And some of the excitement is coming back: I'm beginning to feel the power
of bringing OpenStep to Apple customers. I just fear how late in the day
it's become -- and, frankly, how static OpenStep has been for the last few
years. Ever since it became just an API, there's been less development of
it's 'operating environment' features: filters, pasteboard management,
sound, scripting, OOFS, etc.
But, yeah, maybe I'll follow Ernie to Apple if nothing else...
PS. Joe: Can you lend Ernie an NS Color station for his LA demo?
Amelio writes Next users to assuage fears of squashed products
By Pardhu Vadlamudi
Posted at 4:59 PM PT, Jan 20, 1997
Apple CEO and Chairman Gil Amelio will outline Apple's plans for Next
Software's WebObjects product line, the OpenStep Enterprise line, and
Next's cross-platform support in a letter to be sent out this week to Next
"We firmly believe that Apple's acquisition of Next will increase the
market acceptance for the Next technology in which you've invested time,
resources, and money," writes Amelio in a letter to be posted on both Apple
and Next's Web sites. "Apple is firmly committed to enhancing, selling, and
supporting this technology in the future."
In his letter to Next users, Amelio says that Apple will continue to
develop and enhance WebObjects and WebObjects Pro and will continue to sell
the products in the same markets they are now sold. He says WebObjects and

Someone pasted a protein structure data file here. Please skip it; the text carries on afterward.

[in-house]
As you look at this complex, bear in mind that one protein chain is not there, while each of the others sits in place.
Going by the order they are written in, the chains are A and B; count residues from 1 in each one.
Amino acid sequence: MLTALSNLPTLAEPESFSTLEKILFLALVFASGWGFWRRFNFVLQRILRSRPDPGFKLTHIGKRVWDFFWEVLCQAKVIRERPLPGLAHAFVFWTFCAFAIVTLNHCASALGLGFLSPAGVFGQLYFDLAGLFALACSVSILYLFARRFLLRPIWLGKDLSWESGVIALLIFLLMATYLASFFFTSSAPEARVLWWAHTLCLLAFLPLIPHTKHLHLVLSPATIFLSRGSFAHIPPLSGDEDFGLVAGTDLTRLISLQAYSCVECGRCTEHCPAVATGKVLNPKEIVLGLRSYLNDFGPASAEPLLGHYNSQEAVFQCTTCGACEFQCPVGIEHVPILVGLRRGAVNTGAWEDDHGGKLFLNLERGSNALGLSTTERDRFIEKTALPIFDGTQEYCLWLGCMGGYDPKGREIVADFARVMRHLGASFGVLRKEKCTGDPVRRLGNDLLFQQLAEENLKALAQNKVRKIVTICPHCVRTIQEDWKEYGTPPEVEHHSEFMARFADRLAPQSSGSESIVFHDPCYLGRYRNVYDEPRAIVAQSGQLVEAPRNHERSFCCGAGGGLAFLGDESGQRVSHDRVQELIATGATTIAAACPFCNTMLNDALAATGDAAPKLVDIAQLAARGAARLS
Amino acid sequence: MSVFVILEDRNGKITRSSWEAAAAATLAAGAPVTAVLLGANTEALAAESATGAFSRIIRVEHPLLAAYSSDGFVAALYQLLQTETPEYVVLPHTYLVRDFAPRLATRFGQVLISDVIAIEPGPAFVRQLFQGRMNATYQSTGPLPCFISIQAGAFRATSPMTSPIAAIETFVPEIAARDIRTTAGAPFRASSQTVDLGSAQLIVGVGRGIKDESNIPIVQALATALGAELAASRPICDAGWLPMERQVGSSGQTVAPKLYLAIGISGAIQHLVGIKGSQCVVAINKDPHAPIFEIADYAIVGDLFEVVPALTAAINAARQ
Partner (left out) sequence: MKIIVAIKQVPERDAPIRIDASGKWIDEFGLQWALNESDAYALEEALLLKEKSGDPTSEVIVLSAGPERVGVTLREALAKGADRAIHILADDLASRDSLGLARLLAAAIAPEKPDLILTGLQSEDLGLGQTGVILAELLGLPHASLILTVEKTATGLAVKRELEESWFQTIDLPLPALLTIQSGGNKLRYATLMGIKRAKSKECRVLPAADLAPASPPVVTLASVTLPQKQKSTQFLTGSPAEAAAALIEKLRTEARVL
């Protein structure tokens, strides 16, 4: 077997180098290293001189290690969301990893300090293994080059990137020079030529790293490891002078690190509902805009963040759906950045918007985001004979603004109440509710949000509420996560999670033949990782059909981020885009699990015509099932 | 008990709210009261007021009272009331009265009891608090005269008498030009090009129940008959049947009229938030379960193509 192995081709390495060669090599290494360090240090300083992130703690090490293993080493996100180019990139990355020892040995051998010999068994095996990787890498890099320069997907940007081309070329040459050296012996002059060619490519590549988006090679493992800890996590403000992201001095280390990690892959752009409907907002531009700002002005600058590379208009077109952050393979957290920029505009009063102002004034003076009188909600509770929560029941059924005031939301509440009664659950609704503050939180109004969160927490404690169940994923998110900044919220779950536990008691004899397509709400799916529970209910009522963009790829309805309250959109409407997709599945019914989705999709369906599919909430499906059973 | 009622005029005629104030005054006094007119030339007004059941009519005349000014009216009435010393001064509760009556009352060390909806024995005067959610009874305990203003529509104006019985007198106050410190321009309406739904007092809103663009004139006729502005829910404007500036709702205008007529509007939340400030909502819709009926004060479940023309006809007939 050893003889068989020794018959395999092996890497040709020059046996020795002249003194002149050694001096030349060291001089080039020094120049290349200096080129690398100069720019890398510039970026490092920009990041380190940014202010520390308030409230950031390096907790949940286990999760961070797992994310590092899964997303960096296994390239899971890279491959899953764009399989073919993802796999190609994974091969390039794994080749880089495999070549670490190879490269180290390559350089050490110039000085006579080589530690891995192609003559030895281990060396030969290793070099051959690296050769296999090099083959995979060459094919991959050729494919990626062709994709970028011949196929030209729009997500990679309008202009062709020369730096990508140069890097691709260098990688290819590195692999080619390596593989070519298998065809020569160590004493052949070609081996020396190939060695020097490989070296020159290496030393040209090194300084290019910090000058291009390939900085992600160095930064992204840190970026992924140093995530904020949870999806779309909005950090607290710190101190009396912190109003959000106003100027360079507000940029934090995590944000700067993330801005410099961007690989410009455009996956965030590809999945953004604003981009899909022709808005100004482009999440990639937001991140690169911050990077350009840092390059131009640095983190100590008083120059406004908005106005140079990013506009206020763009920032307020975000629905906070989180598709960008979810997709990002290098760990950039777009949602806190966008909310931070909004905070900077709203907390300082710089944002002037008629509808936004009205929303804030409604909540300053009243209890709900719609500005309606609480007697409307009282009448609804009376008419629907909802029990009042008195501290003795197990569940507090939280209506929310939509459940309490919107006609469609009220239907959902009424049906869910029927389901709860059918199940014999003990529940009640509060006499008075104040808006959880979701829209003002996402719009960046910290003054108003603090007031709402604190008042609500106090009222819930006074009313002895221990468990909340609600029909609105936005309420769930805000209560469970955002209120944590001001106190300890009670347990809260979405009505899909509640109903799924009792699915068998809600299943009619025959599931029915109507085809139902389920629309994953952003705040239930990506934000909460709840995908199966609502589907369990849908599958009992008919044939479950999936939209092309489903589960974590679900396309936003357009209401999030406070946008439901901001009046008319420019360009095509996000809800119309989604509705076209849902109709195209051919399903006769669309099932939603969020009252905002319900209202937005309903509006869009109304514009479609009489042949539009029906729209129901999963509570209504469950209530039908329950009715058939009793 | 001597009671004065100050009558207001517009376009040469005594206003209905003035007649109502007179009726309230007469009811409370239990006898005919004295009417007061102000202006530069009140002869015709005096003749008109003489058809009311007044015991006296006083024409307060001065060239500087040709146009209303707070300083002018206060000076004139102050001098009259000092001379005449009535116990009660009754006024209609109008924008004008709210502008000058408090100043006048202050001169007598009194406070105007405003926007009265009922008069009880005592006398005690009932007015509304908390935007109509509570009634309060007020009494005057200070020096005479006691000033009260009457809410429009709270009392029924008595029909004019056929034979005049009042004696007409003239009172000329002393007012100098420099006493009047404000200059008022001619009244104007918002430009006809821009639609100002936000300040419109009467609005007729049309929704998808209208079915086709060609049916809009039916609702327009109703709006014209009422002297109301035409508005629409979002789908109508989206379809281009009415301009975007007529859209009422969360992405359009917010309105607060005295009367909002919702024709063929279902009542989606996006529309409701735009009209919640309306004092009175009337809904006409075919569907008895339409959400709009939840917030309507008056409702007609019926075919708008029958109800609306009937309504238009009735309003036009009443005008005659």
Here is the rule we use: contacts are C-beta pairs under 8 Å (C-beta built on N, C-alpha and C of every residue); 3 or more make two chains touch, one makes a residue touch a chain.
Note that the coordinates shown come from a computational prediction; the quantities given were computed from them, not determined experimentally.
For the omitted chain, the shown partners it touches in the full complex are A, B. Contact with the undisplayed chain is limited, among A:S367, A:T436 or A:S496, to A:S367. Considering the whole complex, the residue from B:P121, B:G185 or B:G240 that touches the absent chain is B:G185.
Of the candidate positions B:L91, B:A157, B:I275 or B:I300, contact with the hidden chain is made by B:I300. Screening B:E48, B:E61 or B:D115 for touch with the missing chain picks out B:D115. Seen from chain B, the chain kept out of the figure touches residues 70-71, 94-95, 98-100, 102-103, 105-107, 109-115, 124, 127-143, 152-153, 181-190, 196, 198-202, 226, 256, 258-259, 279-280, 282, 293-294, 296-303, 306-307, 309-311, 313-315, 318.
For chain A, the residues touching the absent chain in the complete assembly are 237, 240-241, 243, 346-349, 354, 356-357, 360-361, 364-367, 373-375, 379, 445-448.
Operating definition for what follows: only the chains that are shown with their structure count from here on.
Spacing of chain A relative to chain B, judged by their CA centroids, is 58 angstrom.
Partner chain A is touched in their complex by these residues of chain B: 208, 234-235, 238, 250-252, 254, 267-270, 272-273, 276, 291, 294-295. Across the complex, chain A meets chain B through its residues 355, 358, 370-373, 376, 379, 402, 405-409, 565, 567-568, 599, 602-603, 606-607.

Apple technologies will be more closely integrated. WebObjects will run on
the Power Macintosh line, he says.
The OpenStep API and development tools will be a key component of Rhapsody,
which will increase OpenStep's installed base, writes Amelio. Rhapsody,
which is expected to be available in July, will be the first version of the
Finally, Amelio states that Apple will maintain Next's commitment to
cross-platform and cross-processor support and with Rhapsody add the
PowerPC to Next's existing platform support.
"When Amelio made his original announcement back in December, he said Apple
would be sensitive to Next users," said Tim Bajarin, president of Creative
Strategies International Inc. in Santa Clara, Calif. "I see this as more of
a bridge for getting corporate support for future Apple programs."
"I don't see the Next customer base doing anything different, they don't
feel Apple's going to drop the ball," Bajarin said. "I don't get a sense of
that and this reconfirms it."
Apple's recent decision to buy Next will propel both companies into a
period of technological and product convergence